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Re: Is OWL useful at all for Quantitative Science?

From: Chimezie Ogbuji <ogbujic@ccf.org>
Date: Tue, 31 Mar 2009 08:25:52 -0400
To: "Oliver Ruebenacker" <curoli@gmail.com>, public-semweb-lifesci <public-semweb-lifesci@w3.org>
Message-ID: <C5F78410.908F%ogbujic@ccf.org>
My sense is that OWL (or any other 'truth'-based knowledge representation
languages) is not that useful for quantitative science (at least not by
itself).  Many of the work-arounds to this shortcoming seem rudimentary at

- Modeling of 'may' in OWL
- Direct incorporation of probability into description logics
- Datatype reasoning
- Increased use of external predicates and function symbols
- Modeling compromises (such as trying to retrofit quantitative concepts
into binary concepts)

This is just my sense of things.
Chimezie (chee-meh) Thomas-Ogbuji (oh-bu-gee)
Heart and Vascular Institute (Clinical Investigations)
Cleveland Clinic (ogbujic@ccf.org)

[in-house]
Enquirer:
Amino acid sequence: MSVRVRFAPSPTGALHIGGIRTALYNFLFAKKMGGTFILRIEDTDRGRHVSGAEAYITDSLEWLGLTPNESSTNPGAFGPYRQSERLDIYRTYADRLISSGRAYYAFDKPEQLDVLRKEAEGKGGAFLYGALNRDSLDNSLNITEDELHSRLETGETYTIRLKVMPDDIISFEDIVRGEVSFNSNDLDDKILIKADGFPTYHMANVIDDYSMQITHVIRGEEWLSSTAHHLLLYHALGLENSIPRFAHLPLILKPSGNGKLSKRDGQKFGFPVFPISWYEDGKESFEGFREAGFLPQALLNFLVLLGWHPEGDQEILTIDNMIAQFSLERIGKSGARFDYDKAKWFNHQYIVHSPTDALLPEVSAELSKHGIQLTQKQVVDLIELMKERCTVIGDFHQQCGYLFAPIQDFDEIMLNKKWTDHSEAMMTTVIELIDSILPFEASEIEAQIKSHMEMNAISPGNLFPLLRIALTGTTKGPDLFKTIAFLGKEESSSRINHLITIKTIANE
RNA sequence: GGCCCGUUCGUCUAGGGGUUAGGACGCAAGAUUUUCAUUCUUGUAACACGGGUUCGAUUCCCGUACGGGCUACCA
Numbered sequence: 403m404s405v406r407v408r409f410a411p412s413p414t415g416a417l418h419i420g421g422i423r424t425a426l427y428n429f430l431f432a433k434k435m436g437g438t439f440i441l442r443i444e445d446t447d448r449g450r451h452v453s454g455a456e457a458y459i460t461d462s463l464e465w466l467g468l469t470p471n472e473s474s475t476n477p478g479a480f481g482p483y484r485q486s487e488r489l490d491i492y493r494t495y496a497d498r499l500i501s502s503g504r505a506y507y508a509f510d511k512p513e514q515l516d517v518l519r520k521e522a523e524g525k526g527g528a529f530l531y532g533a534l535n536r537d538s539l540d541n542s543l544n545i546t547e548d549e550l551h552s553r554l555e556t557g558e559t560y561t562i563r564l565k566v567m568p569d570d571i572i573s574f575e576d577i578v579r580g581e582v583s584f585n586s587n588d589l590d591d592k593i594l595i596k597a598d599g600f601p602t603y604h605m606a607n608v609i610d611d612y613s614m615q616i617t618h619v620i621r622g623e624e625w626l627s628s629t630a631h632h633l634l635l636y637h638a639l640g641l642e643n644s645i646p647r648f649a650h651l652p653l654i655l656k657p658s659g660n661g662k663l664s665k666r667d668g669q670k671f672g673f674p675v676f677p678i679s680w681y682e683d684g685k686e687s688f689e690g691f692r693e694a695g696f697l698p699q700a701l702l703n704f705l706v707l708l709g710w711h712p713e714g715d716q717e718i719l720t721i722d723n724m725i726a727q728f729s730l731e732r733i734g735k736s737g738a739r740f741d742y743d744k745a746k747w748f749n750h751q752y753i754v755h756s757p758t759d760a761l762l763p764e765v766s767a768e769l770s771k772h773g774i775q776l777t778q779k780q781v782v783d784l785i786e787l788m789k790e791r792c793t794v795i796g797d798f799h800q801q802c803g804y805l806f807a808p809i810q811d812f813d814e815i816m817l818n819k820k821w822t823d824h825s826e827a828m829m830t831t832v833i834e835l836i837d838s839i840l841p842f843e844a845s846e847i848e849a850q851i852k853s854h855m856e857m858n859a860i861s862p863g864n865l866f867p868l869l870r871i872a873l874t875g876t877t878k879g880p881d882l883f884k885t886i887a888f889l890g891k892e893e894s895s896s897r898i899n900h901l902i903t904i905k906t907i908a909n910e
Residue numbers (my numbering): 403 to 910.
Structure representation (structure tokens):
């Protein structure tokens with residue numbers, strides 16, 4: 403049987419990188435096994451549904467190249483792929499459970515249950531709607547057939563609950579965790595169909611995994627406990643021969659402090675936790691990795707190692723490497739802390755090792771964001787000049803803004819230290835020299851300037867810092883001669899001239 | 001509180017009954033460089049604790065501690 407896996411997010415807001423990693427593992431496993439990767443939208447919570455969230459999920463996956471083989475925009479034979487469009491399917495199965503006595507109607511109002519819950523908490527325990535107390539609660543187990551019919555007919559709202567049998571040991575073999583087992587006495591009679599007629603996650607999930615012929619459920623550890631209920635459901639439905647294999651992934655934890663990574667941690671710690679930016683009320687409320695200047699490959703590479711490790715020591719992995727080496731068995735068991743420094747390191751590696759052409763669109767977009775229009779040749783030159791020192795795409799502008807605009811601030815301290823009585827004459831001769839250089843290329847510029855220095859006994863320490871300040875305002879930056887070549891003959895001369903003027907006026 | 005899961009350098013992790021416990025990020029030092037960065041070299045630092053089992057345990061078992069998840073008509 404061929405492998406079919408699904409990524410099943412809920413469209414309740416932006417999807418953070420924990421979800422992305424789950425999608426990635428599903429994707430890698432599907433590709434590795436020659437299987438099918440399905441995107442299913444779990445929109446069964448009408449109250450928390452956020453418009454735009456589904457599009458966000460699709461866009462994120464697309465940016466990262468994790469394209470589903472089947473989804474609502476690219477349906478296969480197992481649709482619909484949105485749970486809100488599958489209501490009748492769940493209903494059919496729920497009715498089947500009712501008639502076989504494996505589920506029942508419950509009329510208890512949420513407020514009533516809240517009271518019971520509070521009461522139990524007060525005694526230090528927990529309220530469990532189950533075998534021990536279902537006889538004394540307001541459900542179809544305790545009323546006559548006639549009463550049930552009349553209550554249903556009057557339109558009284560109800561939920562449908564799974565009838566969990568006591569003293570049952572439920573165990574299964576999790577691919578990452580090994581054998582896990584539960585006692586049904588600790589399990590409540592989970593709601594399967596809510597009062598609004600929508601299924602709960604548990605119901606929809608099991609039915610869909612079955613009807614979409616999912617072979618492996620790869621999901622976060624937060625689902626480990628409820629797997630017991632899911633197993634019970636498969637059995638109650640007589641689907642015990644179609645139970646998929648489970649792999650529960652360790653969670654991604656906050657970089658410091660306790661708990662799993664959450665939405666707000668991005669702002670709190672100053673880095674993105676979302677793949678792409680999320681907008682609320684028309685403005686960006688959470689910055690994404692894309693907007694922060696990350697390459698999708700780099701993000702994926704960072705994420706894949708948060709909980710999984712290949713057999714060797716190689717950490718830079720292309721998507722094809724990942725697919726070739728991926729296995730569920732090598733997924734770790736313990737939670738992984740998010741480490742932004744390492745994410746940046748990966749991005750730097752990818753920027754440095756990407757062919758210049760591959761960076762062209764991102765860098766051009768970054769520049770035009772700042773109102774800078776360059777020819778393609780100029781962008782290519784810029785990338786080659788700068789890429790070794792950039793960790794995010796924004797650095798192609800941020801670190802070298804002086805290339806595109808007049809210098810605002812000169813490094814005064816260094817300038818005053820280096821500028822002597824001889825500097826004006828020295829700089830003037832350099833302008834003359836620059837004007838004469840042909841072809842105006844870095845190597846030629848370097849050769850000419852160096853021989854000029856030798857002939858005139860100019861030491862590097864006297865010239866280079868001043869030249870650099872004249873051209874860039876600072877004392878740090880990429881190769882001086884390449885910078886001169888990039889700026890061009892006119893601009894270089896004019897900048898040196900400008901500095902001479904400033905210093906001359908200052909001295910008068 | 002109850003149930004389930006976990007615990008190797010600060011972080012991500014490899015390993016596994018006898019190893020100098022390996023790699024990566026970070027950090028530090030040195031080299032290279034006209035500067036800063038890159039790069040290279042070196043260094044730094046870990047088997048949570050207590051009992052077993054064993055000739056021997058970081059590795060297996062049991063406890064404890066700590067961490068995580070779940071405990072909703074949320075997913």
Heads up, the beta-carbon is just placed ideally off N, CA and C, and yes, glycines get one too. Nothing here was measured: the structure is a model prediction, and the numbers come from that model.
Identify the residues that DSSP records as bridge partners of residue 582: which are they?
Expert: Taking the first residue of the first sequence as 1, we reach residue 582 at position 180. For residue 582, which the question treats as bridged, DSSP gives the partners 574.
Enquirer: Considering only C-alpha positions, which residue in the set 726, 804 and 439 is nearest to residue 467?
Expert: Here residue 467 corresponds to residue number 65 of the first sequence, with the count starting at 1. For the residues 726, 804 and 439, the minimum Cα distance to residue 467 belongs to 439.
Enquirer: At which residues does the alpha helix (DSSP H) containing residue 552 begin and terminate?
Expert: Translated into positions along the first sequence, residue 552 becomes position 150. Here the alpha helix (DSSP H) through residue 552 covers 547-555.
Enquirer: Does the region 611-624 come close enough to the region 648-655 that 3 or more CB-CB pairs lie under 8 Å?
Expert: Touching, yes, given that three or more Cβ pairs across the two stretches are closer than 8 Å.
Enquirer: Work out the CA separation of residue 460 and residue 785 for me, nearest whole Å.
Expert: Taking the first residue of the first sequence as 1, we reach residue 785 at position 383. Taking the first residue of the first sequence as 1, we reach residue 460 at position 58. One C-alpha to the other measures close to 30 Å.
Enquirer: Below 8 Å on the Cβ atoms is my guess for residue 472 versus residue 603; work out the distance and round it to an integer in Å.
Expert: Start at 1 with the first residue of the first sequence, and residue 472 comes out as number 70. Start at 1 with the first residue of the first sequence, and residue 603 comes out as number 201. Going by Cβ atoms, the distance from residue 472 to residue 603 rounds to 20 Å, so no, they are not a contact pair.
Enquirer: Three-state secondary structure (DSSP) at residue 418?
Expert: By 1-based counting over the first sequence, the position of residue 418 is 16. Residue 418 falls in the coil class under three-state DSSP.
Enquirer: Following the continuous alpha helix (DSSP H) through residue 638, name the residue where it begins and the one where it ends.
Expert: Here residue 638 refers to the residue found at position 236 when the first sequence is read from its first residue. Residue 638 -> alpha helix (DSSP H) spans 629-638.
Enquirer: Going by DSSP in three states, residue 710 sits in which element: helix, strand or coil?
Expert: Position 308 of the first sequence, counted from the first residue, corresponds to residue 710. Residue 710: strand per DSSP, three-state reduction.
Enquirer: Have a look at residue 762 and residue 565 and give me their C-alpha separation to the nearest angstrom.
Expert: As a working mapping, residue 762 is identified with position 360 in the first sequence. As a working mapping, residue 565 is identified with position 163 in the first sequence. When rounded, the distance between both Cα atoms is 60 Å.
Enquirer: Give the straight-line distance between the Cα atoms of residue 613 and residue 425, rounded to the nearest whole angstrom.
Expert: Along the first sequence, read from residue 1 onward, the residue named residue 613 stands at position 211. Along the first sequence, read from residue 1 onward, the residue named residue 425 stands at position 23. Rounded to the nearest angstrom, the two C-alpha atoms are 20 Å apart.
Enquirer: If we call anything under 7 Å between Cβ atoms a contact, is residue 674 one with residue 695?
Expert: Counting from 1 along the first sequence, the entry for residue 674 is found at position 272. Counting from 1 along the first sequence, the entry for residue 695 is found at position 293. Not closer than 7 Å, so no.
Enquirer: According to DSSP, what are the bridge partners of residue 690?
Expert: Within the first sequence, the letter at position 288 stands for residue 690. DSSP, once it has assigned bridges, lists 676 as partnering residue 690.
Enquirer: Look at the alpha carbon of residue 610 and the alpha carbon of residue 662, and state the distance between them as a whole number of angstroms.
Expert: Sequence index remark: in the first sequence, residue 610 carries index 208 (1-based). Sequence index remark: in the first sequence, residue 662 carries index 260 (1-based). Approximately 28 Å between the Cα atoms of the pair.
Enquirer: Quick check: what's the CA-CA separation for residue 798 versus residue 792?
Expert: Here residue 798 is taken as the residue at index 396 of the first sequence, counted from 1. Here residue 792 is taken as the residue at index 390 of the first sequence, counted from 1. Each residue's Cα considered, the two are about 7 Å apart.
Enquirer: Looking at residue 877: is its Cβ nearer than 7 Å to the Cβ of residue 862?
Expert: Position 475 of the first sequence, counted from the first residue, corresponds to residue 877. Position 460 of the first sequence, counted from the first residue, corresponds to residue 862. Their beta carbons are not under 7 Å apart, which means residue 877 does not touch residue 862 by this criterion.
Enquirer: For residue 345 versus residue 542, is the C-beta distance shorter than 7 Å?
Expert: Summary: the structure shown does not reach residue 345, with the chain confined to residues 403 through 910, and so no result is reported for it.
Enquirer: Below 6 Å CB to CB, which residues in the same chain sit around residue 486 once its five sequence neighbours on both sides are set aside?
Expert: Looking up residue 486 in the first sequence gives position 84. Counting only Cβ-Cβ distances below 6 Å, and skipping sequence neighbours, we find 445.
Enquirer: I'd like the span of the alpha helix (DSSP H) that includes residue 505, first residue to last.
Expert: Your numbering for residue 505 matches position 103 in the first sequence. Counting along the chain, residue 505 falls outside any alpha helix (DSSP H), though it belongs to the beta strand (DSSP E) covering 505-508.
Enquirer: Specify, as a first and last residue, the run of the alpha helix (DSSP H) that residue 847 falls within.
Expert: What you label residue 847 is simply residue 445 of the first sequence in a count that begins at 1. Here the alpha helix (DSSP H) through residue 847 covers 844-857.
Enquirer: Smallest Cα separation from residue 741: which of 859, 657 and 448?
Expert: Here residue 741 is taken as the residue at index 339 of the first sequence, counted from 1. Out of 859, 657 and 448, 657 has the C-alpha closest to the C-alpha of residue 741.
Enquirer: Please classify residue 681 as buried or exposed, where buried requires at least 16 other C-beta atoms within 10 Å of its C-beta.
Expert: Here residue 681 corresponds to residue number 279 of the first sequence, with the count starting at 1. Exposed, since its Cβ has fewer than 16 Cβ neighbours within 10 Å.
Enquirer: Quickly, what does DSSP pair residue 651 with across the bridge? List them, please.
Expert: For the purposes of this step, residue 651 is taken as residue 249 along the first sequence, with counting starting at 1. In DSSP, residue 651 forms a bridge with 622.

Ph.D. Student Case Western Reserve University

On 3/30/09 9:38 PM, "Oliver Ruebenacker" <curoli@gmail.com> wrote:

>      Hello, All,
>   There recent discussion has made me wonder, whether OWL is at all
> useful to do quantitative science, if we insist that it is used
> correctly (incorrect OWL seems to be useful).
>   Can any one give me a simple example of a useful application of
> correct OWL in quantitative science?
>   I have tried to come up with a simple example. Feel free to come up
> with a simpler one:
>   Express in correct OWL: Washington DC is further away from Boston
> than New York City
>   Use case: I want to fly with my helicopter from Boston to either DC
> or NYC, whichever is closer.
>      Take care
>      Oliver


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Received on Tuesday, 31 March 2009 12:26:47 UTC

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